Mutual Fund Advertising: Deceptions galore
Jason Monteiro | 08 July 2013

“Debt Mutual Funds help achieve your financial goals” is the tagline of a recent advertisement campaign of HDFC Mutual Fund. The advertisement which is a part of its “investor education and awareness initiaive” may fall short of its purpose. Debt mutual fund schemes may have done well over the past year, and fund houses would use this performance data to promote their schemes. But is this always the case? Even over the short term the returns of debt mutual fund schemes can be volatile. Experienced investors would know that debt schemes do well only in a falling interest rate enviroment. How would an average saver who is in reality saving for a financial goal know this? Over the long term, debt mutual fund schemes may fail to  generate suffcient wealth. The ad of HDFC is misleading.
Debt schemes, also known as bond schemes or bond funds, are not advisable even for a conservative investor looking for steady returns. There are many factors that need to be looked at before investing in a debt scheme. Investing blindly could lead to inferior returns. Below shows the average returns of debt schemes over different periods.
How have bond schemes done over the short term?
Below are the one year rolling returns every quarter since March 2005. From the chart it is obvious that the for large portion of the period the average bond scheme returns have been below 8% over a year. Therefore, investors would have been better off investing in a bank fixed deposits. The returns have been better over the last year as the RBI has cut interst rates by 125 basis points since April 2012.

How have bond schemes performed over the long term?
Even over the long term, bond schemes have been a poor performer compared to inflation. The five year rolling returns every quarter since March 2005 show that there were periods when even over a five year period bond schemes on an average delivered a return below 7%. This is certainly not sufficient for financing you long term financial goals as well.

What have we said in the past?
Bond schemes rally during periods of reducing interest rates. However, it is usually hard to figure out such a period in advance. But, unlike products such as bank fixed deposits, bond prices fluctuate and, with it, the returns on your investment. Chosen at the wrong time (a period of rising interest rates), bond funds can mean loss of capital—a dreadful thought especially for fixed-income investors. Therefore, bond scheme investors would need to be cautious and keep a watchful eye on RBI policy. When interest rates have peaked, it would be the ideal time to invest. Peaks are now only with the benefit of hindsight. At the same time choosing the right bond scheme is crucial as well. This is impossible for a father whose concern is to get her daughter married.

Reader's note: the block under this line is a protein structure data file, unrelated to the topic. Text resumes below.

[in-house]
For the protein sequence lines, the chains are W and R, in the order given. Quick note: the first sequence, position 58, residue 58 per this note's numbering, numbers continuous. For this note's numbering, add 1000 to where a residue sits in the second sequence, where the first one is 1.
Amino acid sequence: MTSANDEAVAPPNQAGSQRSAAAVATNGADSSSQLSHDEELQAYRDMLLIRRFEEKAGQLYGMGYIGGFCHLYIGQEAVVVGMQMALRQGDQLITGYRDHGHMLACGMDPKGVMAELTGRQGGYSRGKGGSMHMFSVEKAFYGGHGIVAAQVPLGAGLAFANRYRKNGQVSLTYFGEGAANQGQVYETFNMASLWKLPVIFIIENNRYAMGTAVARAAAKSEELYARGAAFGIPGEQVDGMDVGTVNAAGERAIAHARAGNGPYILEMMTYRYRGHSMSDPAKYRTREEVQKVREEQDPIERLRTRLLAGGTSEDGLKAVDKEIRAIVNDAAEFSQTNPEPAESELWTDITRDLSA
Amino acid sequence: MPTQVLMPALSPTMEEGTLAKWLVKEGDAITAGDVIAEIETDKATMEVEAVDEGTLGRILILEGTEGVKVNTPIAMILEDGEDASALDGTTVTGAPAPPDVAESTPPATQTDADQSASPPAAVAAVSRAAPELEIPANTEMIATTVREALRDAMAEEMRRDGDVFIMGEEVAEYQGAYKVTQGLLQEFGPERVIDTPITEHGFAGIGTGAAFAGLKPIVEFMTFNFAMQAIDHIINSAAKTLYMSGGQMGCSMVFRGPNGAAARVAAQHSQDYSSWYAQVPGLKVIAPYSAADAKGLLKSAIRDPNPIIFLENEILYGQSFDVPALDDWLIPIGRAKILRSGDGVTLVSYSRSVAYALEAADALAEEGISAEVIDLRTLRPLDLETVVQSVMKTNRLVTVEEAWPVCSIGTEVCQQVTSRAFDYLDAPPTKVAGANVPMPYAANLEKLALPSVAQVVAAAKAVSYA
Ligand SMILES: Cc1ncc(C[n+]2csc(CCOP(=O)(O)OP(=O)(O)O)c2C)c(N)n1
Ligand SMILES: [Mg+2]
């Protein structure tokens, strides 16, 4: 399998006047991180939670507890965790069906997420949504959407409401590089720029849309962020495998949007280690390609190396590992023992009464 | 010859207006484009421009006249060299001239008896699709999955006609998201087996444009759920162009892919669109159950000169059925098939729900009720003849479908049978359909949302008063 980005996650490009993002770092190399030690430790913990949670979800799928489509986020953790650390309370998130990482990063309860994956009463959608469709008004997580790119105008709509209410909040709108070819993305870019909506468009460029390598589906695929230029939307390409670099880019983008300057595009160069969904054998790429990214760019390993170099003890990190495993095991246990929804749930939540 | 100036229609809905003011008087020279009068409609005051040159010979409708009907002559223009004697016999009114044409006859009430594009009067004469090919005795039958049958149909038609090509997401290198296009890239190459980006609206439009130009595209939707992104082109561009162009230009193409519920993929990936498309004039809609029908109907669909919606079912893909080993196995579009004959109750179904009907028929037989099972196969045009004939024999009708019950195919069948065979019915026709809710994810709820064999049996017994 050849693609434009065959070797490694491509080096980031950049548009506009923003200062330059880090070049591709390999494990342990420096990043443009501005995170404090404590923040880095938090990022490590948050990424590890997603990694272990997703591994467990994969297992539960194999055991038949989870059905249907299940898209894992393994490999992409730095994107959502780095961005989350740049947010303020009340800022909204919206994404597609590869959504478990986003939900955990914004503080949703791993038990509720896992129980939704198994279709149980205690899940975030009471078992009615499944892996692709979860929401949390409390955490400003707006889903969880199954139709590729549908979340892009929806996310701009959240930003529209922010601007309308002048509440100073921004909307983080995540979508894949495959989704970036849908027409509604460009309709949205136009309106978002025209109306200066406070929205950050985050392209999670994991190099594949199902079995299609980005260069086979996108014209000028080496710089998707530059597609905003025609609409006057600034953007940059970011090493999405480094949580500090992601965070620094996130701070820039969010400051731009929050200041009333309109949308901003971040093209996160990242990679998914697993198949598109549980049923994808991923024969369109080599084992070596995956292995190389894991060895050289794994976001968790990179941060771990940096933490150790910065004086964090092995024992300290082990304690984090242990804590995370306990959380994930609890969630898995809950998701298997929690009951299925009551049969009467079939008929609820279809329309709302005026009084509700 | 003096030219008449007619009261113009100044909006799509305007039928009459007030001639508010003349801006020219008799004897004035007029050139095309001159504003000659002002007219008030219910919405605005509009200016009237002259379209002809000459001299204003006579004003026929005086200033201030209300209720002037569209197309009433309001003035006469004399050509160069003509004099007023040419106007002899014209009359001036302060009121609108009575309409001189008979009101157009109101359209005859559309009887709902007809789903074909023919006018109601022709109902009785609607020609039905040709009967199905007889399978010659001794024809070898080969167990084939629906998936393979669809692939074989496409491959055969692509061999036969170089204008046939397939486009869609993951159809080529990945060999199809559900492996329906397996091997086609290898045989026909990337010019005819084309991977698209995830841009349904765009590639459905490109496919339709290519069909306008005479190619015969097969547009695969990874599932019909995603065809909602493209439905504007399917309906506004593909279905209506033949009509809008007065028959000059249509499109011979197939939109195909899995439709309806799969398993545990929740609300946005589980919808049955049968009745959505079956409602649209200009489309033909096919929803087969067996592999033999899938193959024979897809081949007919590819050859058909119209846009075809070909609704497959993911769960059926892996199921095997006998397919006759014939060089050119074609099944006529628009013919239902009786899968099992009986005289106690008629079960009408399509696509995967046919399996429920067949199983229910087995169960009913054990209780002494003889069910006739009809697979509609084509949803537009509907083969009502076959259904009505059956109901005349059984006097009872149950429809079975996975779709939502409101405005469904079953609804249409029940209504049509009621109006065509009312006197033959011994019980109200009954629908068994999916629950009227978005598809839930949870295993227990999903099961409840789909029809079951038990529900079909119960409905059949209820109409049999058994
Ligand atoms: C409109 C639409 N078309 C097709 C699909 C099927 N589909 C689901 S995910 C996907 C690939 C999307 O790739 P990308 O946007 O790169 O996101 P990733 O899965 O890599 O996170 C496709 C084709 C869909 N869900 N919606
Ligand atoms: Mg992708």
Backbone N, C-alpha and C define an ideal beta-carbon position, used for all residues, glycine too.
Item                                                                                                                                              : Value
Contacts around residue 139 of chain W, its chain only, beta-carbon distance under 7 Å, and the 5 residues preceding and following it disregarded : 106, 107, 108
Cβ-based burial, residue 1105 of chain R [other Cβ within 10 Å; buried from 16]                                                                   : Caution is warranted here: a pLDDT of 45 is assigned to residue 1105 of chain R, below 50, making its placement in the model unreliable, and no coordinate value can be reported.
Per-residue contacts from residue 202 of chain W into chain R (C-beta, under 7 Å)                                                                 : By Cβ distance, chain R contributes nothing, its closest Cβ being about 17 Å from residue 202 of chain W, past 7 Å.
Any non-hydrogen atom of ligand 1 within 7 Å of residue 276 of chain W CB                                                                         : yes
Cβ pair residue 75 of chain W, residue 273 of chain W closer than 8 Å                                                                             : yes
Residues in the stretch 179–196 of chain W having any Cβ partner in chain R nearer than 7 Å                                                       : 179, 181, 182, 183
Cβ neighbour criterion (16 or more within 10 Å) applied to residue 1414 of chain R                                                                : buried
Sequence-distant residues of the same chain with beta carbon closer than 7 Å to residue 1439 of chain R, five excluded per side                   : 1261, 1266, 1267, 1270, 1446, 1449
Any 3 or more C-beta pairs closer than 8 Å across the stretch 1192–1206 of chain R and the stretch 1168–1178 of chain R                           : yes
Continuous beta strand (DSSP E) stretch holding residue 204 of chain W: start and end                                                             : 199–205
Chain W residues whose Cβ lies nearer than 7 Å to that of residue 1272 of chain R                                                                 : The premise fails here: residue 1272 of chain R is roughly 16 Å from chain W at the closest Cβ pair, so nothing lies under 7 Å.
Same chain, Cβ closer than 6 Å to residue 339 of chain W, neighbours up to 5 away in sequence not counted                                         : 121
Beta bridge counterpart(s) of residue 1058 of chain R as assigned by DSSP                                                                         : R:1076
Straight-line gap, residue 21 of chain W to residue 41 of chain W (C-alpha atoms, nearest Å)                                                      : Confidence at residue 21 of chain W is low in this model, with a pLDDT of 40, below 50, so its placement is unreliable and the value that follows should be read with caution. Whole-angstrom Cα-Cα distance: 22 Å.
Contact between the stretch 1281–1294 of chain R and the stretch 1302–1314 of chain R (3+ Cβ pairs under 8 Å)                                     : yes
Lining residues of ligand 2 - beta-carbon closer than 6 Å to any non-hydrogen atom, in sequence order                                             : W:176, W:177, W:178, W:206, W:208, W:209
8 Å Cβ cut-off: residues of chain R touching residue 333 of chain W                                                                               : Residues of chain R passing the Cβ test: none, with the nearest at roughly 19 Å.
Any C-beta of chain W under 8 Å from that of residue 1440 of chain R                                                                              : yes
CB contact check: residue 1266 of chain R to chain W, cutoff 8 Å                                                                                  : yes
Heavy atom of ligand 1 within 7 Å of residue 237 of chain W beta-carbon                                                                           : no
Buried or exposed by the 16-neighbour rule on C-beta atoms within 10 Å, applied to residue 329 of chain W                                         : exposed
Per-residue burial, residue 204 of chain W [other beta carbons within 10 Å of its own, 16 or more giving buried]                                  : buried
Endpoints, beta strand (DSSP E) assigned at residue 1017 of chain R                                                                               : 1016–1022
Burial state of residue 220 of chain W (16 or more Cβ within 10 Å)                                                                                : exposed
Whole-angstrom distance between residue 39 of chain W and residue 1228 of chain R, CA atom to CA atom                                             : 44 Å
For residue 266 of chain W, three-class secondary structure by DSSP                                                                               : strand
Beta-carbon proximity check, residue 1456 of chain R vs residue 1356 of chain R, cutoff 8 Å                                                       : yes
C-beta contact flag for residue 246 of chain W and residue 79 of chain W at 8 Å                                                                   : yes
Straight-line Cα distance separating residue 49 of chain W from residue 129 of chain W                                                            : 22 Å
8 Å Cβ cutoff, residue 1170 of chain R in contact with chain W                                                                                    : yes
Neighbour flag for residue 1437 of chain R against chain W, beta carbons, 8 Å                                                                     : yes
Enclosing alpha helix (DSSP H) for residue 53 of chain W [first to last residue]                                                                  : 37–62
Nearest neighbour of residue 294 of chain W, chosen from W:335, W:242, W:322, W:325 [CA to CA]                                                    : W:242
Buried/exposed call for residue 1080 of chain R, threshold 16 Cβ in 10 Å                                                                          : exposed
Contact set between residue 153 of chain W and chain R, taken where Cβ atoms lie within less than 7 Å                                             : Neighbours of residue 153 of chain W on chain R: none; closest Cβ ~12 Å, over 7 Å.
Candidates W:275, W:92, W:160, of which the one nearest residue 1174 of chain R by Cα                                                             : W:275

Another mis-leading fund advertisement:

Axis Mutual Fund has recently launched a close-ended hybrid scheme—Axis Hybrid Fund (Series 5). The scheme would invest 0%-70% in debt and the rest in equity. The advertisement, as usual, talks about the positives, but who would talk about the negative surprise of equity investments and the interest rate risk of debt investments? Of course that is for the investor to  find out for himself. Hybrid schemes such as this one and others like balanced schemes, Monthly Income Plans, and those having gold as an asset class have usually turned out to be a poor investment choice, as Moneylife had repeatedly warned .
Our analysis of such schemes has shown that on an average these schemes have been inconsistent performers. Axis Hybrid Fund Series 1, an earlier series of the same scheme launched in August 2011, delivered a return of 6.88% compared to a return of 9.05% delivered by its benchmark. Even over the past six months the scheme has underperformed its benchmark delivering a return of -0.07% compared to its benchmark return of 3.39%. The underperformance is no surprise to us but would be a little surprise for its investors.